Back in 1999/2000, there were two kinds of bubble stocks – those that had earnings with proven business models like CSCO, INTC & MSFT, and those that had healthy losses but sold the promise of the future like AMZN, PCLN & YHOO. Of course, I picked stocks that all still exist. The irony is that while both groups traded at obscene multiples, the latter group’s was not really comparable since any earnings multiples were derived from different denominators. What is interesting is that the latter group still trades at a higher multiple than the former due to the lingering pixie dust associated with web business vs stodgy ol tech.
While many internet stocks remain range bound and well off of their all time highs, last week INTC and MSFT attempted to show signs of their past bubble lives. INTC assaulted levels not seen for ten year on the heels of their better than expected Q3 and a solid second half sales outlook. The chart of INTC over the last 15 years is quite fascinating, and what many forget is that many of these stocks nearly doubled from the end of 1999 before the gig was up in Q3 2000 before giving up almost 80% from the all time highs:
MSFT on the other hand had less of a parabolic move from the end of 1999 to the highs in 2000 and actually topped out much sooner than INTC. The 15 year chart below shows MSFT’s within striking distance of that last push higher in the internet bubble:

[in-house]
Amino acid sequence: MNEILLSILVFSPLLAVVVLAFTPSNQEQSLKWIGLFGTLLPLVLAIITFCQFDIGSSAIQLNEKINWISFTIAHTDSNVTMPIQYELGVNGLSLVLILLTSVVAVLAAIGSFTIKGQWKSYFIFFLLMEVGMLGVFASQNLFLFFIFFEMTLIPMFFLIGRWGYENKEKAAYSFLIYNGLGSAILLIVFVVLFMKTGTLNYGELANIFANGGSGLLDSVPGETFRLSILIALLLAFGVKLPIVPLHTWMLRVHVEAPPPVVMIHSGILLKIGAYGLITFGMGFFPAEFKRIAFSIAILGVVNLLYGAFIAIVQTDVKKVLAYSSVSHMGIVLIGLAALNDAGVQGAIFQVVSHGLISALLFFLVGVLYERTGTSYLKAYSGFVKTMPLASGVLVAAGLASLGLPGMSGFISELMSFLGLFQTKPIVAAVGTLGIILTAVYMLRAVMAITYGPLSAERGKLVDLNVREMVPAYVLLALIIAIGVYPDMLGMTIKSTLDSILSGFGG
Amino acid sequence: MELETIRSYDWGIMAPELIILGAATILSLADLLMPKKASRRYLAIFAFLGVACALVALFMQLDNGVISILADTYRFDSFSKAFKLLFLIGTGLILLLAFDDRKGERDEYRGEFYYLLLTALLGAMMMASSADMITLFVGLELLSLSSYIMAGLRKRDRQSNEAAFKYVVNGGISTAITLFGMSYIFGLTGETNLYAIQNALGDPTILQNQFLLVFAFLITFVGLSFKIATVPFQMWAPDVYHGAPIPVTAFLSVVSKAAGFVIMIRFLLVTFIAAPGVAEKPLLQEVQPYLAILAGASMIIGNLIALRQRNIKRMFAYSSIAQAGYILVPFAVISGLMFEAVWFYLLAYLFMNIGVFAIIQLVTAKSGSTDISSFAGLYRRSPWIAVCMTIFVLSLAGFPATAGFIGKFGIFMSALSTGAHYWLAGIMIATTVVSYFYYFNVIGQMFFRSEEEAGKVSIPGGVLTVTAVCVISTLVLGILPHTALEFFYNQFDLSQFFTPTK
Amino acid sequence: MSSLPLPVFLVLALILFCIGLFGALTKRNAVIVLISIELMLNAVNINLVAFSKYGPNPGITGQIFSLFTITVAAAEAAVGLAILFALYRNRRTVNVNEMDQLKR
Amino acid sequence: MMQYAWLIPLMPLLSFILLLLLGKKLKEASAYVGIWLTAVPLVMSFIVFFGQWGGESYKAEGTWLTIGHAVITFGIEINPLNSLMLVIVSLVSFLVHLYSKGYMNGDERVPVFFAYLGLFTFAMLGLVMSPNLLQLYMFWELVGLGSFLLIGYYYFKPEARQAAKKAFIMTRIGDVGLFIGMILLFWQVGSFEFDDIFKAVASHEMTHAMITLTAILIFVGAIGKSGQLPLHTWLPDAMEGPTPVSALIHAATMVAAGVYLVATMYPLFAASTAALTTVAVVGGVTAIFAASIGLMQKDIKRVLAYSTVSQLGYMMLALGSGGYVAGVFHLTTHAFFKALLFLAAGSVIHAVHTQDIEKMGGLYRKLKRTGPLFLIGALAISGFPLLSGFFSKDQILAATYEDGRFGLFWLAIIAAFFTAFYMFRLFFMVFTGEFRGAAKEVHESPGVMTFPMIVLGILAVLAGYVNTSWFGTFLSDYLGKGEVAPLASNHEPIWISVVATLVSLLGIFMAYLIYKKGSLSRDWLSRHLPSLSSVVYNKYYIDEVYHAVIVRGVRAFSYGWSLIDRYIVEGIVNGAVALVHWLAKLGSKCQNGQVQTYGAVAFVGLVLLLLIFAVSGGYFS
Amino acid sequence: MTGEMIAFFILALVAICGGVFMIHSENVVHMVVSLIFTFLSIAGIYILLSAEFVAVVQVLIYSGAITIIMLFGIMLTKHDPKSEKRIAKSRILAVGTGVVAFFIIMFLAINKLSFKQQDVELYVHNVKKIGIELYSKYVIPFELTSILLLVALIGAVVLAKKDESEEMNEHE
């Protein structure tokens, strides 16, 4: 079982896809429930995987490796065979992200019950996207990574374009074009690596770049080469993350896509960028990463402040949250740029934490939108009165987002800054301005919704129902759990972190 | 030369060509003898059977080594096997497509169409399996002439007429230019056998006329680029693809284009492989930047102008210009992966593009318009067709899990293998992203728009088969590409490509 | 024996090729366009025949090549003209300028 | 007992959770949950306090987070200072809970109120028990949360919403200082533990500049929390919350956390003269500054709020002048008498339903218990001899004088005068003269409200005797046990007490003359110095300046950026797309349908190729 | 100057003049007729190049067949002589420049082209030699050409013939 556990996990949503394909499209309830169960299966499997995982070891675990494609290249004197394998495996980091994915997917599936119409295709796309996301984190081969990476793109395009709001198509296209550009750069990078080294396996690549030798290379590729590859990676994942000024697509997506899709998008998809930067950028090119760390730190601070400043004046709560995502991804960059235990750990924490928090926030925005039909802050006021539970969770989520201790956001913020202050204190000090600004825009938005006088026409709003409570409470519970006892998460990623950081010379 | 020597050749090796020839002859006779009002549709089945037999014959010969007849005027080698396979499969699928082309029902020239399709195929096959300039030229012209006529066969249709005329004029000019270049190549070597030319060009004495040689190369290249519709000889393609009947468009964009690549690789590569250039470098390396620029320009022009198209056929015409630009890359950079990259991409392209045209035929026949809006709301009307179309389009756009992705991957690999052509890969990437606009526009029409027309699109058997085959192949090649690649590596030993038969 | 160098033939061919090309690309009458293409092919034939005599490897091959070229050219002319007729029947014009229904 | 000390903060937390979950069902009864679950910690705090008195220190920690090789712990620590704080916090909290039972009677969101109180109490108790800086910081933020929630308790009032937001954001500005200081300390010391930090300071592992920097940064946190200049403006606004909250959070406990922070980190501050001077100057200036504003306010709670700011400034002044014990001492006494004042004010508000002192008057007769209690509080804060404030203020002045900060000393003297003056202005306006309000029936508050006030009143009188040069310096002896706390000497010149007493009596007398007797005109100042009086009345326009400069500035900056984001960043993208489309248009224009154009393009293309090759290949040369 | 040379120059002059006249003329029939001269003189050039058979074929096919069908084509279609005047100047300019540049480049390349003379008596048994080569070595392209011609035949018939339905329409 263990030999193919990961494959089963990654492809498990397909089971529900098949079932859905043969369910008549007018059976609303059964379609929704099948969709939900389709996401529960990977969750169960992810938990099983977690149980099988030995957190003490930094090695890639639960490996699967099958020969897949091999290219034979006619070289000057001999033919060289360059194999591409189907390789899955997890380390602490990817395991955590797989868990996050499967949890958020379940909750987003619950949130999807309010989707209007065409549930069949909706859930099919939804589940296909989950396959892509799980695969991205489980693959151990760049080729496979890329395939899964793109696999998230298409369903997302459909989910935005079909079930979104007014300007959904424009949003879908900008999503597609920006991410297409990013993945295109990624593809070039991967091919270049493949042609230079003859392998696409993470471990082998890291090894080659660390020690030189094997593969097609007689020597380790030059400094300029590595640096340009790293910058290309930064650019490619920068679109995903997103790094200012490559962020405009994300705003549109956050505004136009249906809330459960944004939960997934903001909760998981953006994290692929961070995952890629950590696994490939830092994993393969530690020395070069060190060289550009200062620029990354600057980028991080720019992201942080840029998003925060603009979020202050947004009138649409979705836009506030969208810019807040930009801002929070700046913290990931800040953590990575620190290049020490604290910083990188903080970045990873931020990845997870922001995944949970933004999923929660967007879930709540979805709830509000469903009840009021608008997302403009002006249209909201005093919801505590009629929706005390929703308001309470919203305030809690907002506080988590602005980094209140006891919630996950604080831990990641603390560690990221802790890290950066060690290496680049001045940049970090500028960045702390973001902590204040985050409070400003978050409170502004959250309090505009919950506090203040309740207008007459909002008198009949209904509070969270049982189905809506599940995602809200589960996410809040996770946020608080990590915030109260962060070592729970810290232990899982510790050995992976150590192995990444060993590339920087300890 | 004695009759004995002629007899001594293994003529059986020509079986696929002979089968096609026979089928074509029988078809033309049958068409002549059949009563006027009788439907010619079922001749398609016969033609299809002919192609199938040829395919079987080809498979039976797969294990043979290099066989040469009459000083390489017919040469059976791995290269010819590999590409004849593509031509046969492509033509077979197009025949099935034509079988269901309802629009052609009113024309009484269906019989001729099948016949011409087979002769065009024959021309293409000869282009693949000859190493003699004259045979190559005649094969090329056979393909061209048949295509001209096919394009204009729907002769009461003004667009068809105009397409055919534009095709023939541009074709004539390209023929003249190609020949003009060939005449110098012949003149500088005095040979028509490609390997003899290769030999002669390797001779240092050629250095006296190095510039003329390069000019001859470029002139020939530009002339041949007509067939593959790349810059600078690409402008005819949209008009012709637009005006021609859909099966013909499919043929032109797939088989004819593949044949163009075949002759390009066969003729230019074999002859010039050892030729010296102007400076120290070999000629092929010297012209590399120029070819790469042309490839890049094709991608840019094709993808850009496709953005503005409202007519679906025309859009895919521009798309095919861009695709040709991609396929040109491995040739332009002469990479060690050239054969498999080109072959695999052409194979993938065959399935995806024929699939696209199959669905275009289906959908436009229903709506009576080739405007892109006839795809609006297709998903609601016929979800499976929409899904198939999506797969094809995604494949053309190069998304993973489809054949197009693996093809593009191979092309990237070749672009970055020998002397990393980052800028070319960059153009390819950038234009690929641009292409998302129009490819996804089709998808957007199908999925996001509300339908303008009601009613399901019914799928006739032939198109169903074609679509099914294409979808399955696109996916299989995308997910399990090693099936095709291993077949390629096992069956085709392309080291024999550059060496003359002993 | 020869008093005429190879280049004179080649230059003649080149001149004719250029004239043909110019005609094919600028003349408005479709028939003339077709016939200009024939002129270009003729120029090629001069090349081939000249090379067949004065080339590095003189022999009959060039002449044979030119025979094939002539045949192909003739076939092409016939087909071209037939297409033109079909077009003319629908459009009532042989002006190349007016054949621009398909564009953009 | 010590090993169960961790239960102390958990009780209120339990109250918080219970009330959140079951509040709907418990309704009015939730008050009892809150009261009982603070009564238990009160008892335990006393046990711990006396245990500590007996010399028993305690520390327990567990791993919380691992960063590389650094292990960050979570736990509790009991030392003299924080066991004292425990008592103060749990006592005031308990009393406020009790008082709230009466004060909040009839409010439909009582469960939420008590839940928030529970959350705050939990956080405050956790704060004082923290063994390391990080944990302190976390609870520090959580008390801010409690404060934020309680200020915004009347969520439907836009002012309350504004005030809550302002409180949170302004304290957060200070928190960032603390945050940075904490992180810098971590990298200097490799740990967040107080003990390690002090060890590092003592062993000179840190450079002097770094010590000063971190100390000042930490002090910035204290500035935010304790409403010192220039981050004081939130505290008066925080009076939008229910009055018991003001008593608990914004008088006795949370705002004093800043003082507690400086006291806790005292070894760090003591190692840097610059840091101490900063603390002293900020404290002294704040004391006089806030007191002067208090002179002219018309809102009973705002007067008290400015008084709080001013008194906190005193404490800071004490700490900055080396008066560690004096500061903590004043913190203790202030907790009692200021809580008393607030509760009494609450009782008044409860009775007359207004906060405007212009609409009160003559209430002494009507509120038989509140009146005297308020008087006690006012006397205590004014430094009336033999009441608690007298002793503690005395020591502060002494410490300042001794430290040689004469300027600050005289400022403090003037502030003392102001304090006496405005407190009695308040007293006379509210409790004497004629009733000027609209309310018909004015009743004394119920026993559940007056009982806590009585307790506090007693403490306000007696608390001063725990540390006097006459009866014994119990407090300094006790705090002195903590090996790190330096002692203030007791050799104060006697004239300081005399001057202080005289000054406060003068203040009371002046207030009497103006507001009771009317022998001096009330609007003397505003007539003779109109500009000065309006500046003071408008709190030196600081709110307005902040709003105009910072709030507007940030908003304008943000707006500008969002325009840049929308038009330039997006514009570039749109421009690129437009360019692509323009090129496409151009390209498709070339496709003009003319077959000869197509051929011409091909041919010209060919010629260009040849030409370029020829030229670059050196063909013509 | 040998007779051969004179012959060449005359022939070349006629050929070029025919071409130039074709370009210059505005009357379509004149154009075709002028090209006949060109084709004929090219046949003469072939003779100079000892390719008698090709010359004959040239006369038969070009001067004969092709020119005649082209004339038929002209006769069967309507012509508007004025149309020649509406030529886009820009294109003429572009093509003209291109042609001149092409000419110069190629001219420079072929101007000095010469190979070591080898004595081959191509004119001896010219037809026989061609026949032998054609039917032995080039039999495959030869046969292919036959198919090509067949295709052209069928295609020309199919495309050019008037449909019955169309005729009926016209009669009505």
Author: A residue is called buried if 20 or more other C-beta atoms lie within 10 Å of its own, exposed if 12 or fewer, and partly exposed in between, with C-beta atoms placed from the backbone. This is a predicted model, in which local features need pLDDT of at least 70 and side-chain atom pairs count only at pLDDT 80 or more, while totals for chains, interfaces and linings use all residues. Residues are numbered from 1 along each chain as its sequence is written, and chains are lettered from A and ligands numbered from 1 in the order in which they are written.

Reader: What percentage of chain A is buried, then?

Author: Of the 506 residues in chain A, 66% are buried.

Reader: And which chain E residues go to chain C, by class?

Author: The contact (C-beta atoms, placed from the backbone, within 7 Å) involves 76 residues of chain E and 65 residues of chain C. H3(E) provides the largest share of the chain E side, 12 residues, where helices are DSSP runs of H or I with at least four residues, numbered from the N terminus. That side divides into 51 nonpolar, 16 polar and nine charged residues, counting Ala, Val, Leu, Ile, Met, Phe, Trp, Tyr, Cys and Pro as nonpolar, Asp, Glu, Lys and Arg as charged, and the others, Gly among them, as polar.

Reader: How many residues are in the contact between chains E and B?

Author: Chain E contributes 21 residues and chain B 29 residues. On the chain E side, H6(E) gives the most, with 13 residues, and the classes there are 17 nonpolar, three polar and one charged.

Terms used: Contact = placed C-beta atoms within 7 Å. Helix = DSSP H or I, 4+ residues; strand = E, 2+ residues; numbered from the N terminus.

Obviously there is little comparison possible of these companies on a valuation basis. Both have retired hundreds of millions of shares over the last 15 years, paid billions of dollars of dividends and have employed small cities throughout it all. While the tech behemoths are no longer the domain of nimble innovation, they do what they do well – make chips and software – and they’ve survived over decades as a result.
At this juncture, the enthusiasm for MSFT and INTC is likely due to the same enthusiasm that has spurred the utility sector to the top spot in 2014 – perceived defensiveness. Neither company has made any groundbreaking strides in the past couple of years. While the PC cycle has turned in their favor, that has occurred before in the past decade, but was not enough to lead to clean breakouts as has happened this time around. The long-term competitive situation remains difficult for both companies, but investors have decided that they are willing to pay up for the stocks since they are more attractive on a relative basis (compared to the overall market) than they have been at most points in the past 10 years.
In short, the rally in the tech behemoths might say more about the broader market’s situation than about the business situation at the companies themselves. Investors continue to be interested in “safer” stories, whatever the cost.